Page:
If he had to provide a reason (and in these cases nearly everyone demands a reason) he would say it was the daffodils. Mrs. Mersham brought them into the office along with a tin of homemade toffee. He, John Withers, rejected the toffee. He simply did not trust the toffee and his teeth to get along. He might lose a tooth. He was quite taken though by the daffodils. Mrs. Mersham placed them on an unoccupied desk by the window. It was a brilliant Spring day. A perfect temperature. Cotton ball clouds. A slight breeze. He looked at Ms. Smyth. She was quite smart looking that day in a maroon and pink dress that accentuated her bosom. He was smitten by her from the day he hired her in his dull accounting firm.
Mrs. Mersham was disappointed that he wouldn’t try the toffee.
“I like the flowers,” he said. Her face brightened. And so they sat in what used to be Brian Flangers desk. He died a few months ago exactly three days into retirement. Business wasn’t doing well so John held off on hiring a replacement.
John stared at the brilliant, slightly swaying flowers and then he heard it. Ms. Smyth was speaking in a low voice on the phone. Lower than normal and whispered something about meeting for lunch and then the words – I love you. John felt an instant twist of his bowels. She loved someone and it wasn’t him.
Ms. Smyth walked to the window. She was prancing like a show pony.
“Oh, aren’t these flowers beautiful! Don’t you think they are beautiful Mr. Withers?”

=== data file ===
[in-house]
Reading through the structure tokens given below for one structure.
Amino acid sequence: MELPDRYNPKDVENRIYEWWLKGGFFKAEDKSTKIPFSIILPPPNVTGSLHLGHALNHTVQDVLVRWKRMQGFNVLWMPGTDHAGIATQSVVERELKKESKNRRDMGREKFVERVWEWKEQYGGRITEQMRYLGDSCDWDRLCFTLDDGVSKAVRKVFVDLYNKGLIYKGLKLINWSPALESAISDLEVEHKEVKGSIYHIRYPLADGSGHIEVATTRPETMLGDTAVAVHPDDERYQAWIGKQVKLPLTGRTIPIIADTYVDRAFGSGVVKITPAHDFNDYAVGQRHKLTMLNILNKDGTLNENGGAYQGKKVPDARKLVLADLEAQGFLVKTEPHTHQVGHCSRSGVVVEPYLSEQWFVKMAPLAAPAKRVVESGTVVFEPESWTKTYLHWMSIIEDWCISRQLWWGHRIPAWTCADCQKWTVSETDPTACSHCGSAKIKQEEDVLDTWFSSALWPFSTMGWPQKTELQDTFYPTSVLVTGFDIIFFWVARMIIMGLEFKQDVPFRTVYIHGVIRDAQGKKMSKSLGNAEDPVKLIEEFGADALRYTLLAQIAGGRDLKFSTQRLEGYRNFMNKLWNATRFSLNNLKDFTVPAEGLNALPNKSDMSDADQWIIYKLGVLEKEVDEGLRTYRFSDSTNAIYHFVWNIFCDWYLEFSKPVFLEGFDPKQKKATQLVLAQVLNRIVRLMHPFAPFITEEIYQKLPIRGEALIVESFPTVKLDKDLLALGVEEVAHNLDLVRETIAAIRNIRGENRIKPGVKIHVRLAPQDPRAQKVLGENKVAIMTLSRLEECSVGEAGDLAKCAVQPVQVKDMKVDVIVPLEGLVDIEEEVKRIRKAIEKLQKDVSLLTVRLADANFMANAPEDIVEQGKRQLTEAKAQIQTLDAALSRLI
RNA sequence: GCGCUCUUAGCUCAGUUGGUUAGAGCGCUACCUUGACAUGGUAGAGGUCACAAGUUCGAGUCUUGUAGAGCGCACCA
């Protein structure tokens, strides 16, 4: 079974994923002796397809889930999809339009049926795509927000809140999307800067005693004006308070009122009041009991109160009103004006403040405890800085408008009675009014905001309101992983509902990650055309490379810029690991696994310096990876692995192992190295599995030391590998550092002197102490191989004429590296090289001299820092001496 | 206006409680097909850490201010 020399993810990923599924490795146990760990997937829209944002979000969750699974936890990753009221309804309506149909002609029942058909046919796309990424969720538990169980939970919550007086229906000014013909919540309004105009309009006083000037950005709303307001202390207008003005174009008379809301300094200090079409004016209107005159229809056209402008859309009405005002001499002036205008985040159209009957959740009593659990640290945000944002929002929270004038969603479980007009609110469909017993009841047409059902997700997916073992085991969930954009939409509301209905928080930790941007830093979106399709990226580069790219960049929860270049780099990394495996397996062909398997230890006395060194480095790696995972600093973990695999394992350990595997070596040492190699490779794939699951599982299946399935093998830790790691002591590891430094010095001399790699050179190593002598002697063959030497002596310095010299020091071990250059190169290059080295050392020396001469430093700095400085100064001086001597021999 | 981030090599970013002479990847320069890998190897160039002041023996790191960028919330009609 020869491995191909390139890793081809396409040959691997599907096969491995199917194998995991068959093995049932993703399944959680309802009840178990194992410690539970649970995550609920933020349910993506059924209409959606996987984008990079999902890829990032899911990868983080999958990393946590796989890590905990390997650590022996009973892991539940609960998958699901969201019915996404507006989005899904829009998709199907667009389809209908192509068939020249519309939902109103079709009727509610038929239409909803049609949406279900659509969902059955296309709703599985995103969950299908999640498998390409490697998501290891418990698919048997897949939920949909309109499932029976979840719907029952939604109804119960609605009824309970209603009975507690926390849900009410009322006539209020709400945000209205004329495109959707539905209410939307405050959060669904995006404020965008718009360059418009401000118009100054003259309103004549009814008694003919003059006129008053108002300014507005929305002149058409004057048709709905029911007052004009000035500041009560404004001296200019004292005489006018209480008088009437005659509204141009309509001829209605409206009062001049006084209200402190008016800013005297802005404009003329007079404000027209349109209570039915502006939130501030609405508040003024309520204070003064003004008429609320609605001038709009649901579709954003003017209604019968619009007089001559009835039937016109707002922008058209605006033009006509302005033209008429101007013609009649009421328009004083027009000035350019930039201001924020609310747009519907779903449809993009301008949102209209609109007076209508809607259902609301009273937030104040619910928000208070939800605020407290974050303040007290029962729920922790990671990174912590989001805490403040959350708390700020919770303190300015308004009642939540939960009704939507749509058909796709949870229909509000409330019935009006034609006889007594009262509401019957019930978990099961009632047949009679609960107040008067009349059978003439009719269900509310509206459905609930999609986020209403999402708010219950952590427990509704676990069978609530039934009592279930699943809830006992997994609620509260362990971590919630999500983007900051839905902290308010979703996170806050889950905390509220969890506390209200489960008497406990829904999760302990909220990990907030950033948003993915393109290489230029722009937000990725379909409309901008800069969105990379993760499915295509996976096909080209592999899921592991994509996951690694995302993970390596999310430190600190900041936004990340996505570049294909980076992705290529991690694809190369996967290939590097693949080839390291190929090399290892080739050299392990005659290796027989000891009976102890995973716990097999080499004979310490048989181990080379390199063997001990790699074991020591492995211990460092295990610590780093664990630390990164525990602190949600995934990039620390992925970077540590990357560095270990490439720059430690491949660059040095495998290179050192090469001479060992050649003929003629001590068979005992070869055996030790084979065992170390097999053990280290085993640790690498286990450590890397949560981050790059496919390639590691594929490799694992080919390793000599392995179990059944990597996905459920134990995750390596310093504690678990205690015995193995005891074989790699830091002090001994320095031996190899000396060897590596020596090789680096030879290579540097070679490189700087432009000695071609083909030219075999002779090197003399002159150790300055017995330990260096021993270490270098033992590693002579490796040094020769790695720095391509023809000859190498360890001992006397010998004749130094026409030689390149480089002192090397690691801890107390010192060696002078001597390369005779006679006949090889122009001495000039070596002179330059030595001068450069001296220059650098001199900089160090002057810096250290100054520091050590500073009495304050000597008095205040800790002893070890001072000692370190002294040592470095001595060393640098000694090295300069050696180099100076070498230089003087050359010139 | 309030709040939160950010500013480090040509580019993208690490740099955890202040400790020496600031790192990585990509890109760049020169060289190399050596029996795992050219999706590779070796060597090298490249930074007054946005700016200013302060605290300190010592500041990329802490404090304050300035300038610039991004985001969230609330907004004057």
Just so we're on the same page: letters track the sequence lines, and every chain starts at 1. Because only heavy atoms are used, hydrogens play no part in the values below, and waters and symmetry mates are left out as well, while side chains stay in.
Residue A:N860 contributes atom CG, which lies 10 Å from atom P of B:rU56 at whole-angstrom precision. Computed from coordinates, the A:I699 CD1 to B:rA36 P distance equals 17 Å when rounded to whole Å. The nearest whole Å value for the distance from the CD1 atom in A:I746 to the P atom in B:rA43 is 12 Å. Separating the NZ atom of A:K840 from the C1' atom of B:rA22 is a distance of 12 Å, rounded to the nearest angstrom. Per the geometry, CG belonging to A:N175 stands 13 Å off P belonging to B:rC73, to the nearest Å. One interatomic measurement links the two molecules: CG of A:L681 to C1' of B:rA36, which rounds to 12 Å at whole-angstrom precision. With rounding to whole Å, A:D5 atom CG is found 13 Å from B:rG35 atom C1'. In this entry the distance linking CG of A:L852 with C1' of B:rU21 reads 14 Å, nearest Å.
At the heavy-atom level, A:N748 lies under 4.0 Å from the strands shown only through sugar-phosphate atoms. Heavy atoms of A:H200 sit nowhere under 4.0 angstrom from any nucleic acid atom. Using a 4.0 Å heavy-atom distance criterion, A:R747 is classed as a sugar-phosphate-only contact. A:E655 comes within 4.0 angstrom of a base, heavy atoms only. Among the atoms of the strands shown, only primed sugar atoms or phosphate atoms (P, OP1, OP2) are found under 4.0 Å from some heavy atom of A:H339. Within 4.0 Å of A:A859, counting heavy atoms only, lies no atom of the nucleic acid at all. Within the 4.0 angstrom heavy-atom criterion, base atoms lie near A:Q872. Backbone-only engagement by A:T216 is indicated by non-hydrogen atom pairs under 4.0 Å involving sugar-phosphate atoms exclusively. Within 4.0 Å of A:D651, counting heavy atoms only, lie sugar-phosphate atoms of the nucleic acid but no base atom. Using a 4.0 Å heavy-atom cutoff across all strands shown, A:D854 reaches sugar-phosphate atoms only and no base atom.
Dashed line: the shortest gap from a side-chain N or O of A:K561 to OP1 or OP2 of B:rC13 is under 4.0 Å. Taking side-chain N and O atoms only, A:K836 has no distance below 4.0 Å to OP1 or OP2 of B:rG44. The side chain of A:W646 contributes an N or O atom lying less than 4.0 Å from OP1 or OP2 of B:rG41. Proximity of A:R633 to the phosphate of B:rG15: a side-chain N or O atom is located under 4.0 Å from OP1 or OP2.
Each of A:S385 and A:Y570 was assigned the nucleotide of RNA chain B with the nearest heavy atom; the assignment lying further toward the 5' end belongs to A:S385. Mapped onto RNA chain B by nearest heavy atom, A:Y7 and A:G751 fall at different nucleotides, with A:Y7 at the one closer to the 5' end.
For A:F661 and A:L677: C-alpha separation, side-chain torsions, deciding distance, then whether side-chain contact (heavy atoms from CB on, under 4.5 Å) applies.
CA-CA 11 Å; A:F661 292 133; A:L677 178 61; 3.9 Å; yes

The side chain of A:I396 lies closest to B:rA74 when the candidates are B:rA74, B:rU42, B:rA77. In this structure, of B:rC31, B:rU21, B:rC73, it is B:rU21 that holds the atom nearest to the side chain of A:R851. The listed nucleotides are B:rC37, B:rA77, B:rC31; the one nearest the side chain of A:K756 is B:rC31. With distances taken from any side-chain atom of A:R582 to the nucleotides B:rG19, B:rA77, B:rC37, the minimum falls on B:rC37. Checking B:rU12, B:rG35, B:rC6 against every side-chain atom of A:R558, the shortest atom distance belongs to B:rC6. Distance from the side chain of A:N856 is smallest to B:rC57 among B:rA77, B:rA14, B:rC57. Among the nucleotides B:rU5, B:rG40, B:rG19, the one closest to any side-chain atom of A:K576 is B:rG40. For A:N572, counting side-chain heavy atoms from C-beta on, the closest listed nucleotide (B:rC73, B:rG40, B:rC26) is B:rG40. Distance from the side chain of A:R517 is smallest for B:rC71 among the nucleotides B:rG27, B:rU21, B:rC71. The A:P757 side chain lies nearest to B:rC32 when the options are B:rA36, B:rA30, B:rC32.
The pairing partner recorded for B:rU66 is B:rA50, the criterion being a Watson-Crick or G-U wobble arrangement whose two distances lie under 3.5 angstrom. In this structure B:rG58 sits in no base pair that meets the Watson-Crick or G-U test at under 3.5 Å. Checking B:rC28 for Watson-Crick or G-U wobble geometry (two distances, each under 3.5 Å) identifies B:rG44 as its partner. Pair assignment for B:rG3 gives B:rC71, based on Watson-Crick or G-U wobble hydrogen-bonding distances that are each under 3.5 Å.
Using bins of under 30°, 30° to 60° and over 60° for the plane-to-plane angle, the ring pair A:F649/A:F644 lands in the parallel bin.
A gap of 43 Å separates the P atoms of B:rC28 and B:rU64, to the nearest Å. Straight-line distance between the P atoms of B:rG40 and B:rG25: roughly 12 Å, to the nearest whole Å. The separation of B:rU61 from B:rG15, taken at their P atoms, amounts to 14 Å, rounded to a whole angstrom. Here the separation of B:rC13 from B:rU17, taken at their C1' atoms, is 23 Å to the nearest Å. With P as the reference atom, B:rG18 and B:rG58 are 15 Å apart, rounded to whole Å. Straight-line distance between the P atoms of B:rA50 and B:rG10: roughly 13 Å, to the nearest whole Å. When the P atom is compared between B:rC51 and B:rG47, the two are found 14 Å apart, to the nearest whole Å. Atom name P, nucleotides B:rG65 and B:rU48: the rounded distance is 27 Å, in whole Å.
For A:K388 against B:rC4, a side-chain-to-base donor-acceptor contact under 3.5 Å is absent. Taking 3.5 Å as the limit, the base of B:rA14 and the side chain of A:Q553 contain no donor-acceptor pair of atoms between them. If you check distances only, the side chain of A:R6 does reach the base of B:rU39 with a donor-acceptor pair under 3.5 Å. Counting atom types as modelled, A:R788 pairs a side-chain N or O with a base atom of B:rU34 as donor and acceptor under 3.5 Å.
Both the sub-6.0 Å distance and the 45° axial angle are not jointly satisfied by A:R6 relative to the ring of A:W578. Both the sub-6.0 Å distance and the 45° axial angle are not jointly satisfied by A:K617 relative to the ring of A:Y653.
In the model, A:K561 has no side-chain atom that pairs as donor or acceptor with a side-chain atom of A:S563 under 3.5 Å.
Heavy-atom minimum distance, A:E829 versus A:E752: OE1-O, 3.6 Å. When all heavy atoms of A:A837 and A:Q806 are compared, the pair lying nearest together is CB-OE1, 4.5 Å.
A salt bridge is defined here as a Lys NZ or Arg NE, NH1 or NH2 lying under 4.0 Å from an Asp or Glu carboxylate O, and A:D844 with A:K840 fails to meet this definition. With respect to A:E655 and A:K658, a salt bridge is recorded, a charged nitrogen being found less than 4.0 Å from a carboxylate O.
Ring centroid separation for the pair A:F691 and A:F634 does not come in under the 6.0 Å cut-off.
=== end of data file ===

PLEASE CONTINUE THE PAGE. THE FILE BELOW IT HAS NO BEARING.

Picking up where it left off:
He cleared his throat for grief had struck him. “Yes, lovely.”
When lunch time came, Ms. Smyth powdered her face and applied a pinkish shade of lipstick.
“Just off for some fish and chips, Mr. Withers.” She smiled widely. John quivered.
“I’m off for a sandwich. Butter, cheese, ham. Would you like a sandwich, Mr. Withers?” It was Mrs. Mersham.
“No, thank you. I have an apple and some cheese. I’m working through lunch.” John was distracted by the beauty of the daffodils and the pain wrenching him. He stood up and stared out the window. The sea was less than half a mile away. He could smell the richness of the sea as he leaned out the window. In so doing, he knocked the vase over and the daffodils went tumbling out the window and onto the ground three stories below. He must get the daffodils.
As he collected the stunning blooms he stopped. He began to gather rocks and shove them in his pockets. He walked slowly to the beach, removed his shoes and socks, and walked forward into the cold water. Yes, he must die. His life was gray and dull. Only Ms. Smyth and the occasional daffodil could brighten his existence. He was nearing fifty and pining for a woman in love with another man. It was intolerable. He had no goodbyes. Only pain – puzzling, untouchable pain – that needed to be quashed. As he submerged he saw above him a single daffodil bobbing on the surface and alight with the glory of the sun he would never see or feel again.